The American Experiment Has Failed in Afghanistan
Last summer, President Donald Trump’s Secretary of Defense James Mattis told the Senate’s Armed Service Committee, ‘We are not winning in Afghanistan right now.’ The US has been at war in Afghanistan since October 7, 2001. This long war, over 16 years old, has indeed not gone the way that the United States government assumed.
When the US began its ferocious bombardment in 2001, the forces of al-Qaeda hastily left Afghanistan for the homelands of its members. They have since taken their ambitions to al-Qaeda’s regional franchises (across North Africa, in Yemen and Syria, around Central Asia and deep into Pakistan). The death of Osama Bin Laden made little impact on al-Qaeda, which had not relied upon him towards the end of his life. Even Bin Laden’s deputy, Ayman al-Zawahiri, is no longer significant. The hierarchy of al-Qaeda has been surpassed by regional leaders such as Abu Mossab Abdelwadoud (in the Maghreb) and Khalid al-Habib (in Afghanistan).
Men like Abdelwadoud and al-Habib have said in different ways that they sense that they are appearing more moderate as ISIS seeks to outflank them with its brutal techniques. ISIS in Afghanistan, like ISIS elsewhere, is chiseled out of the harshest anti-Shia sectarianism. The ISIS attack on a Shia mosque in Kabul on August 25 killed 35 civilians. One of the 65 injured remembers the scene well. ‘My mother, my niece and I were on the second floor of the mosque. We had just finished laying out our prayer mats when we heard gunshots.’ At this point, chaos ensued. This woman’s mother and niece were shot. ‘No one came to our aid and a big explosion took place. I was injured with a lot of broken glass in my chest and face.’ Her mother died. This anti-Shia violence is now compelling Iran to find a way to undercut ISIS. Even support of the Taliban would not be out of bounds.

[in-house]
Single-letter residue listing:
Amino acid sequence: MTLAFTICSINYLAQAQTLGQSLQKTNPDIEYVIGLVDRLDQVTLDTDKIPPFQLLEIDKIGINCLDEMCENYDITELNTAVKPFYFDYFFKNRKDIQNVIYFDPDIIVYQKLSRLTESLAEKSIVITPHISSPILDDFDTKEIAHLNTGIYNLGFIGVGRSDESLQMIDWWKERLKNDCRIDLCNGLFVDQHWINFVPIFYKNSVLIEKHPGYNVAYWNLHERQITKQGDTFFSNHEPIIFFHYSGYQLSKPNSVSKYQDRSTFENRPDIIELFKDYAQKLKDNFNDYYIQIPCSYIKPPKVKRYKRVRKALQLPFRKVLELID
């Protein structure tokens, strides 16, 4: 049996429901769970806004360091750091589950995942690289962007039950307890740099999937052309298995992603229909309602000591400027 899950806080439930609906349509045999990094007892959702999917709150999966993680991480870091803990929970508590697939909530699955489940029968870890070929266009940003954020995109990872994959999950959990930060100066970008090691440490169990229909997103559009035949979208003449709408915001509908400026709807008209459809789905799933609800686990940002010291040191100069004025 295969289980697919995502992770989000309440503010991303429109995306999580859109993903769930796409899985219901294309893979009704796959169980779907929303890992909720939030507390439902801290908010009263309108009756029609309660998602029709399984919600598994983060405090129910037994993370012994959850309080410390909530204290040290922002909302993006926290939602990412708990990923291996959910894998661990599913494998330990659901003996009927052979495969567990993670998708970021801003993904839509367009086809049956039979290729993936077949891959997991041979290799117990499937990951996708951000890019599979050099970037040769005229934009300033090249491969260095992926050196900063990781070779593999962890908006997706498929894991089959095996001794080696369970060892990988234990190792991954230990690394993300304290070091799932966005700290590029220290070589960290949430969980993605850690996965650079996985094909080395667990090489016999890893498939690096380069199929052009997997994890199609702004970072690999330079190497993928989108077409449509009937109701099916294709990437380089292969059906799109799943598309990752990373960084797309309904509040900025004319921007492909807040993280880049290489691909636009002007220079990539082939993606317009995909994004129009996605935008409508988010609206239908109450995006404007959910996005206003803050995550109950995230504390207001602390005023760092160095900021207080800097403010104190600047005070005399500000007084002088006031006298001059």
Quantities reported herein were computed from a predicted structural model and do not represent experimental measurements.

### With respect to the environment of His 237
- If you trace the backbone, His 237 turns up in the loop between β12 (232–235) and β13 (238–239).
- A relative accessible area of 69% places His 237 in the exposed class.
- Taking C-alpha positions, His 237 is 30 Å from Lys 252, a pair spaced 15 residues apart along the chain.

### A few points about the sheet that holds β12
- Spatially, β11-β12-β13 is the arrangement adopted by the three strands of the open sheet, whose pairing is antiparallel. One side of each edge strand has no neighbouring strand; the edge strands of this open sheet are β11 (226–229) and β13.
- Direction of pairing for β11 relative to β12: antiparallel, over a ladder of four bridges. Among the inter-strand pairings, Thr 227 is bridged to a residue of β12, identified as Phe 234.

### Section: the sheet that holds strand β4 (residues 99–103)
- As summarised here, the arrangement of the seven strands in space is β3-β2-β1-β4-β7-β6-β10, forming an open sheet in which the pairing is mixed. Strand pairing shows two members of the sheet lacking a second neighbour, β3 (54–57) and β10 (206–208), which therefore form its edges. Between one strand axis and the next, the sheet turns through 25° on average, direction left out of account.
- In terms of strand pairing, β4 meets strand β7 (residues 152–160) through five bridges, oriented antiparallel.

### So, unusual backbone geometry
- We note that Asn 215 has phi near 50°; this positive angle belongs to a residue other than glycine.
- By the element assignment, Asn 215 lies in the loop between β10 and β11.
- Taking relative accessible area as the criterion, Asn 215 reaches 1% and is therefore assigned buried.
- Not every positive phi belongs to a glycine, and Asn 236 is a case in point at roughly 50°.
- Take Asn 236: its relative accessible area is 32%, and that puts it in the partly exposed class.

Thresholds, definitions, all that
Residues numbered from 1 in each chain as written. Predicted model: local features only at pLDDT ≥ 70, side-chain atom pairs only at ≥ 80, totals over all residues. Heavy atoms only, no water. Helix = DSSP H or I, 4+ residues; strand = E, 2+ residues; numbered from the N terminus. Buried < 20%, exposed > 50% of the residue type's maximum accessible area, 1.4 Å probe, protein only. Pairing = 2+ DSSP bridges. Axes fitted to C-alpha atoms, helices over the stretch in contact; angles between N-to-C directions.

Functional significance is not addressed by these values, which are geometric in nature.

In 2001, the Americans did not easily vanquish the Taliban. It now controls more than half of Afghanistan’s landmass, and continues to threaten major cities. The Taliban surrounds Kunduz, which it has attempted to take thrice. Last week, the Taliban attacked a police checkpoint in the Kunjak area of Imam Sahib district in Kunduz. These are encounters to test the capacity of the Afghan state’s defenses. The Taliban is eager to seize Kunduz. It would be a blow to the claims made by the government in Kabul and by the Americans.
Trump sent more US troops to Afghanistan and allowed the CIA to more freely use its lethal drones. There are now about 14,000 US troops in Afghanistan and the number of airstrikes in the country has increased dramatically. But there is no clear political path for the soldiers. What can they do in Afghanistan? US armed action in Afghanistan has not by itself been able to defeat the Taliban. What the armed action has produced is a large number of civilian casualties. A new report by the UN Assistance Mission in Afghanistan and the United Nations Human Rights office shows that 10,453 civilians died in various atrocious acts. These include suicide attacks by the Taliban and ISIS as well as airstrikes by the United States and the Afghan air force. These latter, which are rarely reported, are responsible for at least 295 deaths.